Reserve Bank of India data showed that foreign direct investment (FDI) in India grew by 2% to $84 billion in 2021-22, however, the latest World Investment Report (WIR -2022) published by the United Nations Conference on Trade and Development (UNCTAD) presented a different perspective.
The UNCTAD report revealed that FDI inflows into India fell by 30% to $45 billion in 2021-22.
However, the difference between the RBI statistics and those reported by UNCTAD is due to the fact that the RBI data includes equity inflows and reinvested earnings, which are largely responsible for the record numbers and other capital.
If the comparisons are limited to equity inflows alone, RBI statistics show a drop of 1.4% to $58.8 billion in the last financial year. After all, gross FDI inflows are also one of the main reasons for the record number of divestments by foreign investors, which reached USD 27 billion in 2020-21 and USD 28.6 billion in 2021-22.
In 2020-21, for example, cross-border mergers and acquisitions (M&A) jumped 83% to $27 billion in ICT, infrastructure, health and energy, bringing overall FDI to $64 billion. . In 2021-2022, cross-border M&As fell 70% to $8 billion, which affected overall flows into the country. However, India still remains among the world’s top 10 recipients of FDI, according to the WIR report.
The table above shows that FDI increased every year from FY 2017-18 to FY 2020-21. FDI recorded a massive growth in the 2020-21 financial year of 19.2% to reach $59.6 billion, compared to $50 billion the previous year. But the following year, FDI fell by 1.4%.
Why have FDI inflows decreased?
Experts say the immediate reason is that the major mergers and acquisitions (M&As) that have attracted FDI flows in recent years have not been repeated. One of the main reasons for the decline in FDI around the world was the Covid-19 pandemic which had halted many projects and investments.
Entries by country in India:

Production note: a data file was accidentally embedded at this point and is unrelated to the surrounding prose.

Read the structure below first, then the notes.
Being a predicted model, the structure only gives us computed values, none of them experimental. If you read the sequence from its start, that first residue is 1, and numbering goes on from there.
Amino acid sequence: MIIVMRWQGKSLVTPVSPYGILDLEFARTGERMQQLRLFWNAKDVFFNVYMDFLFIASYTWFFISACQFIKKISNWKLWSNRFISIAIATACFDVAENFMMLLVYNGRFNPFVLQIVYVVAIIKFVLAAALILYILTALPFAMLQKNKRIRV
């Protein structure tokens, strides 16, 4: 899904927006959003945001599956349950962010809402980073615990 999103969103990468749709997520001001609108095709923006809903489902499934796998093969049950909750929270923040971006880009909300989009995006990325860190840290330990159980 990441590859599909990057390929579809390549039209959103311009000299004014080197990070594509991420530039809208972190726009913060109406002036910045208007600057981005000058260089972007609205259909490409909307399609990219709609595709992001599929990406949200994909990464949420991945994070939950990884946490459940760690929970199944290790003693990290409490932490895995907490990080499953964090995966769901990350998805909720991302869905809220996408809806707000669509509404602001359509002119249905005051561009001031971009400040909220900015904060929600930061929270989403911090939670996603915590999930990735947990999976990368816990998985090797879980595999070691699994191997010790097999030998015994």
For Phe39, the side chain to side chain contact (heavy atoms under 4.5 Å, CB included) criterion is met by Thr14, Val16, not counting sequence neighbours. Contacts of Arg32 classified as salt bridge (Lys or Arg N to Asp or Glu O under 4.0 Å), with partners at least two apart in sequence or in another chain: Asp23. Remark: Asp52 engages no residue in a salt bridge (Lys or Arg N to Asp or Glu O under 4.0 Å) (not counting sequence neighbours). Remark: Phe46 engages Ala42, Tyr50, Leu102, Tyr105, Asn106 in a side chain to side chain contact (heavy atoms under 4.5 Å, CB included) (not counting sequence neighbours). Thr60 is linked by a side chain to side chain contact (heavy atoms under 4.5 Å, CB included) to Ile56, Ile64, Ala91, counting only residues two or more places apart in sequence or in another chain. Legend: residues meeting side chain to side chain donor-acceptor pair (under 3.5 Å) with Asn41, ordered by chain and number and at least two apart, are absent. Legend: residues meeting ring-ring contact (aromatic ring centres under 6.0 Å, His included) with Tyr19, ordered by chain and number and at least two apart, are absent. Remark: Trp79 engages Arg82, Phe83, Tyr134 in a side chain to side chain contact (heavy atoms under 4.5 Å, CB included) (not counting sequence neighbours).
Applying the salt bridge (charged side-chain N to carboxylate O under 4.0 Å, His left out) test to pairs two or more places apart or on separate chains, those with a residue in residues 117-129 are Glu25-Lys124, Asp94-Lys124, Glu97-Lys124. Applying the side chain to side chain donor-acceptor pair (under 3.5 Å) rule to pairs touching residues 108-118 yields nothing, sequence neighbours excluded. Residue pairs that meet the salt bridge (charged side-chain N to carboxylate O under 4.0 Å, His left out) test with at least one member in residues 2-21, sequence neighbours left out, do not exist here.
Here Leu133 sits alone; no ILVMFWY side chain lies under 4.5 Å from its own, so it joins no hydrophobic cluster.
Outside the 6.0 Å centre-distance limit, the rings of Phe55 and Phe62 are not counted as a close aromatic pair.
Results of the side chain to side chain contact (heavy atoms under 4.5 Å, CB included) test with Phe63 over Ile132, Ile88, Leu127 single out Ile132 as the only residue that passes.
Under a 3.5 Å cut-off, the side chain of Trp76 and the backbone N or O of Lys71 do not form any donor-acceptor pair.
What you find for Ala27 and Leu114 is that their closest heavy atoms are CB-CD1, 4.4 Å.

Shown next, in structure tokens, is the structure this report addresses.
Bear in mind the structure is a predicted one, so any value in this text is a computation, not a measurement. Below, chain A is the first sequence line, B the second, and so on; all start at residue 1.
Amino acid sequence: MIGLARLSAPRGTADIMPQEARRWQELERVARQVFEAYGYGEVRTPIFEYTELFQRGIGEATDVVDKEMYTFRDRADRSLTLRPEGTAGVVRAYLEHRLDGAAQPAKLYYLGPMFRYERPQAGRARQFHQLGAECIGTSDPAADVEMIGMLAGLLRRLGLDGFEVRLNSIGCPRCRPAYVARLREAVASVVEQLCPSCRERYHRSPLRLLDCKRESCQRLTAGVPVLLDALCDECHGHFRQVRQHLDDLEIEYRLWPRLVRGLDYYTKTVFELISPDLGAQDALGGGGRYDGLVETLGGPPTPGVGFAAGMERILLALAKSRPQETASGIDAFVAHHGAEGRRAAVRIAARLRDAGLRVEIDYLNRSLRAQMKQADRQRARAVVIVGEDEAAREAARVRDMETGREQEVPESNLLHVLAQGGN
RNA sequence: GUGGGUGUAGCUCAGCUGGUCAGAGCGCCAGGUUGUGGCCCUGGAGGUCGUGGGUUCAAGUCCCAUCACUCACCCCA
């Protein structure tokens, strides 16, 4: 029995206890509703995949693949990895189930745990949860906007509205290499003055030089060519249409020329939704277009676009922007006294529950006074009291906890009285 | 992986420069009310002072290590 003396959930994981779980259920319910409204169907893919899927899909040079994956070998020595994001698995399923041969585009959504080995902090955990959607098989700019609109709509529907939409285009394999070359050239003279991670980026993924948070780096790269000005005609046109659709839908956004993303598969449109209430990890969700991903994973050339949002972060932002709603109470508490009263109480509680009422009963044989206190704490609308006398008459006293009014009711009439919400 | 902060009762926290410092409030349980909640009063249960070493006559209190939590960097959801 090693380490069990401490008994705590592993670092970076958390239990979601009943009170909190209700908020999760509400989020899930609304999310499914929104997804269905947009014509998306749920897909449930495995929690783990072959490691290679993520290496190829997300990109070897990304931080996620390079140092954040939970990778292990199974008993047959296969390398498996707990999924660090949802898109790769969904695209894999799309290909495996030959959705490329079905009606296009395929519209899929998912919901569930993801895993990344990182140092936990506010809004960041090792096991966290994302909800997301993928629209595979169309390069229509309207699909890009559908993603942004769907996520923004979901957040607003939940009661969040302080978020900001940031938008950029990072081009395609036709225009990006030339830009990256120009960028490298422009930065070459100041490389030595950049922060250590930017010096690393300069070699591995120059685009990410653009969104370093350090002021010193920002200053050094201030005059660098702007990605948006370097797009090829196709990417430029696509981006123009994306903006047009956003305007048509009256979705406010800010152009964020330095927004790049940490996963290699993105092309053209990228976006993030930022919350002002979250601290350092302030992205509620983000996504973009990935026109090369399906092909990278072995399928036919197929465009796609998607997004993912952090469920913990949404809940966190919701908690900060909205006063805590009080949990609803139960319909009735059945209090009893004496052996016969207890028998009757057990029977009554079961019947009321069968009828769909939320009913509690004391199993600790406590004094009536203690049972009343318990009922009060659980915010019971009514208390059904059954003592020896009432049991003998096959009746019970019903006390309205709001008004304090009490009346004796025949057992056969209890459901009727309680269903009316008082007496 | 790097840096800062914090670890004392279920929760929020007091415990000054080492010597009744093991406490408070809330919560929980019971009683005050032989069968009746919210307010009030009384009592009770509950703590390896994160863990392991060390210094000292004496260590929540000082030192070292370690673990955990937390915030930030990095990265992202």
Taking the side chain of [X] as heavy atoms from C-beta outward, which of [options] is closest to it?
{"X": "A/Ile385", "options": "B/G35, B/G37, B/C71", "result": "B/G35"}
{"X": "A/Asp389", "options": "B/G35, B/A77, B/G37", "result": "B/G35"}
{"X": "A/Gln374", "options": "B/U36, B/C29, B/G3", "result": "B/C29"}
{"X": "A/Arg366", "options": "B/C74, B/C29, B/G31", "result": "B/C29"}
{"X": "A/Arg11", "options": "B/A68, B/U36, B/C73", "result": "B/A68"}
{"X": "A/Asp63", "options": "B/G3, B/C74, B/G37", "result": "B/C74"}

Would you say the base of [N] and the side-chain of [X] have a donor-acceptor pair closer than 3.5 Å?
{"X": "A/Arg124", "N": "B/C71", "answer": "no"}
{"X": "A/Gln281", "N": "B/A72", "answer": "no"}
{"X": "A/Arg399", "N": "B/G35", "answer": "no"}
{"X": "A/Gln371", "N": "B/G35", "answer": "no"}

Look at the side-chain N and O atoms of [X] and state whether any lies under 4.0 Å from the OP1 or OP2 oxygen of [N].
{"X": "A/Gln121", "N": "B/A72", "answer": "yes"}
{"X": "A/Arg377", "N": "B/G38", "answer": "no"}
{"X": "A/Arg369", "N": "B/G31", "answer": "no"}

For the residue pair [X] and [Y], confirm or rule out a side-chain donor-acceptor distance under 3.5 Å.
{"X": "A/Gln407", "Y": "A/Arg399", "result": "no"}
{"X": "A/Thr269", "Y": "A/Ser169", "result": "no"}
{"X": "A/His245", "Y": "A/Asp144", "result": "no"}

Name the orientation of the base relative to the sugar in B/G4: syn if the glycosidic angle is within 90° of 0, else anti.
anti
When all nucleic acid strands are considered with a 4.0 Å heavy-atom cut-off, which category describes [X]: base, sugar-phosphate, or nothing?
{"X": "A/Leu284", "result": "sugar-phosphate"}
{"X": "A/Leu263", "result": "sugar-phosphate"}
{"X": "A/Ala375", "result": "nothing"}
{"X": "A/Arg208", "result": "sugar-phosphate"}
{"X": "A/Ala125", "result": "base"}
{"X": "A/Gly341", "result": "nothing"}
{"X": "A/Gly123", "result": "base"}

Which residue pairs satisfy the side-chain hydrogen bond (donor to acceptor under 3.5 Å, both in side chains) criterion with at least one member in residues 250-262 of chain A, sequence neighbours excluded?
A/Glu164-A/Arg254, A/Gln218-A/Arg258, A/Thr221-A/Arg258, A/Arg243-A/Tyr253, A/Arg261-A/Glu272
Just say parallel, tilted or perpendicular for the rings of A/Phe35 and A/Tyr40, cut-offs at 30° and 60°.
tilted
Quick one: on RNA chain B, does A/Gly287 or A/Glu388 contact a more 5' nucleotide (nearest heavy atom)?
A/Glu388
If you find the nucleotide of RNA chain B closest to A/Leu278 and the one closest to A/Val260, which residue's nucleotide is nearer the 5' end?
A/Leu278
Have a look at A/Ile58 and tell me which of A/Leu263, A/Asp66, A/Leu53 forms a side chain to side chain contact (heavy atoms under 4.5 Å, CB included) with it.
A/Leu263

According to the recent RBI annual report, Singapore topped the list of top investors with $15.9 billion in fiscal year 2021-22, followed by the United States with $10.5 billion, and then of Mauritius with 9.4 billion dollars, Netherlands-4.6 USD. billion and Switzerland with $4.3 billion.
These were the top 5 investors in India in the financial year 2021-22. In contrast, Denmark and France are at the lowest with $0.3 billion each. And then Thailand, Luxembourg and Canada with 0.5 billion dollars of investments each.
Compared to the previous year, investment from Singapore increased from $17.4 billion to $15.9 billion and that from the United States to $10.5 billion from $13.8 billion.
However, investments from Mauritius increased from $5.6 billion to $9.4 billion. Additionally, investments from the Netherlands and Switzerland increased to $4.6 billion from $2.8 billion and $4.3 billion to $0.2 billion respectively.
Sector investment in India
The manufacturing sector attracted the largest inflows to India in the fiscal year 2021-22, which rose to USD 16.3 billion from USD 9.3 billion the previous year. Computer services came next with $9.0 billion, but fell significantly from $23.8 billion to $9.0 billion. Communication services increased $6.4 billion from $2.9 billion. Similarly, retail and wholesale trade was in fourth place with $5.1 billion. In addition, financial services increased from $3.5 billion to $4.7 billion.